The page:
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Thread: Koi Judging.

  1. #1
    Tosai
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    Dec 2013
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    Question Koi Judging.

    Hi guys I am stocking my pond and was wondering which were beter quality out of the group thanks.

    First is category is KUMONRYU koi.


    KUMONRYU Stantard fin
    Koi Judging.-k1.jpg
    Or KUMONRYU Butterfly fin
    Koi Judging.-k2.jpg

    Next are TAISHO SANKES

    Standard Fin
    Koi Judging.-t1.jpg

    Butterfly Fin
    Koi Judging.-t2.jpg

  2. #2
    Oyagoi HEADACHE6's Avatar
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    If I Had to put one of those four Koi in my Pond it would be the first one.

  3. #3
    Tosai
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    If you could pick one from each categoery thanks.

  4. #4
    Oyagoi
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    Quote Originally Posted by Itsalltender View Post
    If you could pick one from each categoery thanks.
    i only see one in each category esp if dividing out reg fin and longfin.

    also depends what your goals are for the koi?
    show?
    pond fish?

  5. #5
    Oyagoi HEADACHE6's Avatar
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    I don't own Butterfly Koi, and the Sanke isn't a high grade Koi.

  6. #6
    Daihonmei MikeM's Avatar
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    Because the thread title refers to judging, it seems to ask for application of judging standards, but the actual question concerns quality. I agree with Troy that the standard fin Kumonryu is the one that might turn out to be worthwhile. Both Sanke are low in pigment quality. Butterfly koi in general have lower quality than standard fin koi due to the genetics for long fins affecting the mature body form as well as finnage, although the best of them will certainly be superior to the worst of standard koi. (IMO, male long-fins end up more attractive than females because the body issues are not as obvious with males.)

    Obviously you like long-fin koi or you would not have them in your choices. They not considered to be koi by traditionalists, but a hybrid pretender. So, the bias of serious koikeepers runs counter to your appreciation of the long-fins.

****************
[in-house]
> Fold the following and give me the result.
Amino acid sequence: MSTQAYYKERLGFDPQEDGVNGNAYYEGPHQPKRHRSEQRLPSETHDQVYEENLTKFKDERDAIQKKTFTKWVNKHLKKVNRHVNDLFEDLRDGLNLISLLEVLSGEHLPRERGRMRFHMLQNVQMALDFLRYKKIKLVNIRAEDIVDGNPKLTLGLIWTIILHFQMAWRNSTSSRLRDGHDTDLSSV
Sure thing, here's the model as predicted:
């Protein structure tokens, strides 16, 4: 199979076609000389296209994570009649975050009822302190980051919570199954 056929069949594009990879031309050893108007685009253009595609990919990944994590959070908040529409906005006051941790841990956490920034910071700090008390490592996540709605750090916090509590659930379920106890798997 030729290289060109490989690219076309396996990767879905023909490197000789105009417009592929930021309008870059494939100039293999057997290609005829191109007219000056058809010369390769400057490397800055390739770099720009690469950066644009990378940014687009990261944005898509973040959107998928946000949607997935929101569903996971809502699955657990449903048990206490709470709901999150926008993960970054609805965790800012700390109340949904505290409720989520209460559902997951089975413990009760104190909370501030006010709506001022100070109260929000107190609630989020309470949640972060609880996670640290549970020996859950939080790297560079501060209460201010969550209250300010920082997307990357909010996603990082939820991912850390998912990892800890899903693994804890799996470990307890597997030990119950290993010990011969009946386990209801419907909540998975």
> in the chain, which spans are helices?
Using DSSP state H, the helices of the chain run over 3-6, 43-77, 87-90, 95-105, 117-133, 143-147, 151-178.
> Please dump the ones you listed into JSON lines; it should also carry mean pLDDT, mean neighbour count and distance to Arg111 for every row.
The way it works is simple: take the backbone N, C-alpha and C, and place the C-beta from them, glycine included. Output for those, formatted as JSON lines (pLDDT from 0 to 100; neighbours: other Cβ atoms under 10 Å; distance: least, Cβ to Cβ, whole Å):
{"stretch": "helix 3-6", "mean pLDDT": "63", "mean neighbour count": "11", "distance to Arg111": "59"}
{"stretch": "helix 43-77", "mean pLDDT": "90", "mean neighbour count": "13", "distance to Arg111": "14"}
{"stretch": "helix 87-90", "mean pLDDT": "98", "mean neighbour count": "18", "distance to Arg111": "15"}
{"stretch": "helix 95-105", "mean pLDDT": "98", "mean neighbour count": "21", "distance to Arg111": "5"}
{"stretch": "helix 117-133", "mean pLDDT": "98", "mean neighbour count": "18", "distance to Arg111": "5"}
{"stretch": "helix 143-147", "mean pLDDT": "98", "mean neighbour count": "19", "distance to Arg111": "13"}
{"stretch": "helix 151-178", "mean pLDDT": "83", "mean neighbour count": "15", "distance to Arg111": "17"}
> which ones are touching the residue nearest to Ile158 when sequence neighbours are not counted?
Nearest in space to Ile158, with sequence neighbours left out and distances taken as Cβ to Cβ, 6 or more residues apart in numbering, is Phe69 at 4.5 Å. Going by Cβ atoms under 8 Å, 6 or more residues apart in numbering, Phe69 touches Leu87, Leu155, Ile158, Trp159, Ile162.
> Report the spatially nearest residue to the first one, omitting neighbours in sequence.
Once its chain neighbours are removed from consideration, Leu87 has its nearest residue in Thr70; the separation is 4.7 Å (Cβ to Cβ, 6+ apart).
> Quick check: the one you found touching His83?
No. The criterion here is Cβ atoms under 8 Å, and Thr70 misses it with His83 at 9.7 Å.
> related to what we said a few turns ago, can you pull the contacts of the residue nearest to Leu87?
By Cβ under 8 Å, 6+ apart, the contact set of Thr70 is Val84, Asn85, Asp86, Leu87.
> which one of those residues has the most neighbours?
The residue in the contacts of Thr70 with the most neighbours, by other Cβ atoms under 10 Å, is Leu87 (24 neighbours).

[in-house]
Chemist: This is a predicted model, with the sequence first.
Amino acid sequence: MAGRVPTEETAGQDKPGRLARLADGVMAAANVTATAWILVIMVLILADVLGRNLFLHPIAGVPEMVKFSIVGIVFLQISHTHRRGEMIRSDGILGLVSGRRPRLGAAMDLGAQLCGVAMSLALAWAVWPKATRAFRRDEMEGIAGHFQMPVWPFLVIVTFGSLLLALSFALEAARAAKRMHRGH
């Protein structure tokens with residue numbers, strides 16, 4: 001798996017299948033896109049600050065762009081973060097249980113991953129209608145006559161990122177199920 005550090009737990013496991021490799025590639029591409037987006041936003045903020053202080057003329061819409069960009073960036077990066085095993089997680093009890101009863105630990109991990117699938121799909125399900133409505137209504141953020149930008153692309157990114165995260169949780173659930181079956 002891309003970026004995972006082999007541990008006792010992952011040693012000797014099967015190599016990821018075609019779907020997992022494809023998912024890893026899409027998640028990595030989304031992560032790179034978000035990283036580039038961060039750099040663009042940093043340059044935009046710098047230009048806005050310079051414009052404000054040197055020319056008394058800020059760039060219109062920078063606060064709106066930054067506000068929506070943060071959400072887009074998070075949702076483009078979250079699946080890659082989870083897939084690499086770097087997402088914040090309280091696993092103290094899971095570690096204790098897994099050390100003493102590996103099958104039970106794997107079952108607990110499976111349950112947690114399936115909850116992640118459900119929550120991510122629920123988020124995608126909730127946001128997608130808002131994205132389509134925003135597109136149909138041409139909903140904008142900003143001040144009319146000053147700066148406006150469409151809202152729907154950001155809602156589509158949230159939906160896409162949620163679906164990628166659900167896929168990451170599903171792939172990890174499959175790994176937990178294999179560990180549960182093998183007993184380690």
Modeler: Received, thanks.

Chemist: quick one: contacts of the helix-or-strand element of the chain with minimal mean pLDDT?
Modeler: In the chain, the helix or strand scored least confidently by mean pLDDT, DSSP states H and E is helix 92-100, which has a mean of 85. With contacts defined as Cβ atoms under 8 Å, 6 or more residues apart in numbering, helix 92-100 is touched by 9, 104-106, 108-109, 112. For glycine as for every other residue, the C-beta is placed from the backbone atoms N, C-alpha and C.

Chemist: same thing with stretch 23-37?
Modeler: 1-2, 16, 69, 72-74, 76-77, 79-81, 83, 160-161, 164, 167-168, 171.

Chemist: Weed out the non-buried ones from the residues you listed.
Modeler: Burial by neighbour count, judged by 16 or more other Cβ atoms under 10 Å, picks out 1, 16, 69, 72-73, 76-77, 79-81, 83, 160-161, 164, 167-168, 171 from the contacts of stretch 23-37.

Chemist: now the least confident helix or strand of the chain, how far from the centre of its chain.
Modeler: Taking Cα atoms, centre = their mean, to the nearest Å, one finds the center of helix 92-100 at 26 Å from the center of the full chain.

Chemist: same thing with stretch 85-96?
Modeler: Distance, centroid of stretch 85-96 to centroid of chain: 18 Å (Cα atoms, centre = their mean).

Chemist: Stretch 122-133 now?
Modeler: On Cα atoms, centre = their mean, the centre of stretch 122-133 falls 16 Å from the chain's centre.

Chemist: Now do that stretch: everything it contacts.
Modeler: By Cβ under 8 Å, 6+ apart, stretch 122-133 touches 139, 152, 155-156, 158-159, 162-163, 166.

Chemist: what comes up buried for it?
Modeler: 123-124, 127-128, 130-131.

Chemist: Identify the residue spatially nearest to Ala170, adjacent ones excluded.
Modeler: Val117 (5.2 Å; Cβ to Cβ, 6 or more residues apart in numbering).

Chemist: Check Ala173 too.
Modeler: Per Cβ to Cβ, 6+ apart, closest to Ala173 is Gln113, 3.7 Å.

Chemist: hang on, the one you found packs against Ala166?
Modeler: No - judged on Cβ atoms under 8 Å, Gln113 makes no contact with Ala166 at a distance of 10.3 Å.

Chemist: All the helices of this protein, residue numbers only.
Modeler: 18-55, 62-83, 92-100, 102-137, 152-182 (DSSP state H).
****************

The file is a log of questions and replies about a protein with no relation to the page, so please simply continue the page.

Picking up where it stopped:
Because of the popular interest in long-fins, an effort has been made to establish judging standards for them. It has not resulted in much of an increase in interest in long-fins at shows that I can see, but for those who consider long-fins to be equally worthy of pond space, the standards give something to go by. I have only a superficial understanding of the standards, so I'll leave it to others to to speak to that if there is interest.

    Nonetheless, I would venture to guess that if you entered all four of these koi in a show with a long-fin class, these two long-fins would be more likely to win something in their size than either of the standard koi. The standard koi are unremarkable examples of their varieties, with the Kumonryu being too undeveloped at this stage although having a better chance of improvement than the Sanke. Of the two long-fins, what I like is that the finnage (particularly the pectorals) is even, balanced and held well by these little guys. There is none of the distortion of fin rays and raggediness so often seen. Certainly, the finnage is quite long in relation to the bodies. A real problem with long-fins is that the delicate butterfly atmosphere present when they are small often disappears with maturity bringing a cumbersome fish whose finnage and body form results in a weighed-down, waddling creature more resembling one of those goldfish monsters than can barely swim. So, what is a plus in a small tosai can become a burden in the mature fish. If I was going to give a long-fin a try, of these two I would select the long-fin Kumonryu despite it being extremely thin if not emaciated. The long-fin Sanke has a better body on the day, but I think the risk is high that the finnage will grow and become burdensome, producing a fish lacking grace. (See how the long-fin Kumonryu has a standard form of pectoral that is greatly enlarged, while the long-fin Sanke has pectorals that flare.) So, in my opinion, and I'm definitely not experienced in long-fins, the long-fin Sanke would be the one fish out of the four with some chance of getting a first place in its class and size at a show today, but the long-fin Kumonryu would be the better long-fin in the future (if you can get it to eat). It still loses out to the standard fin Kumonryu.

    In the end, pick what you like. It's your enjoyment that counts when you're the one buying.
    ricshaw likes this.

  7. #7
    Tosai
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    Thank you soo much for that wonderful response.

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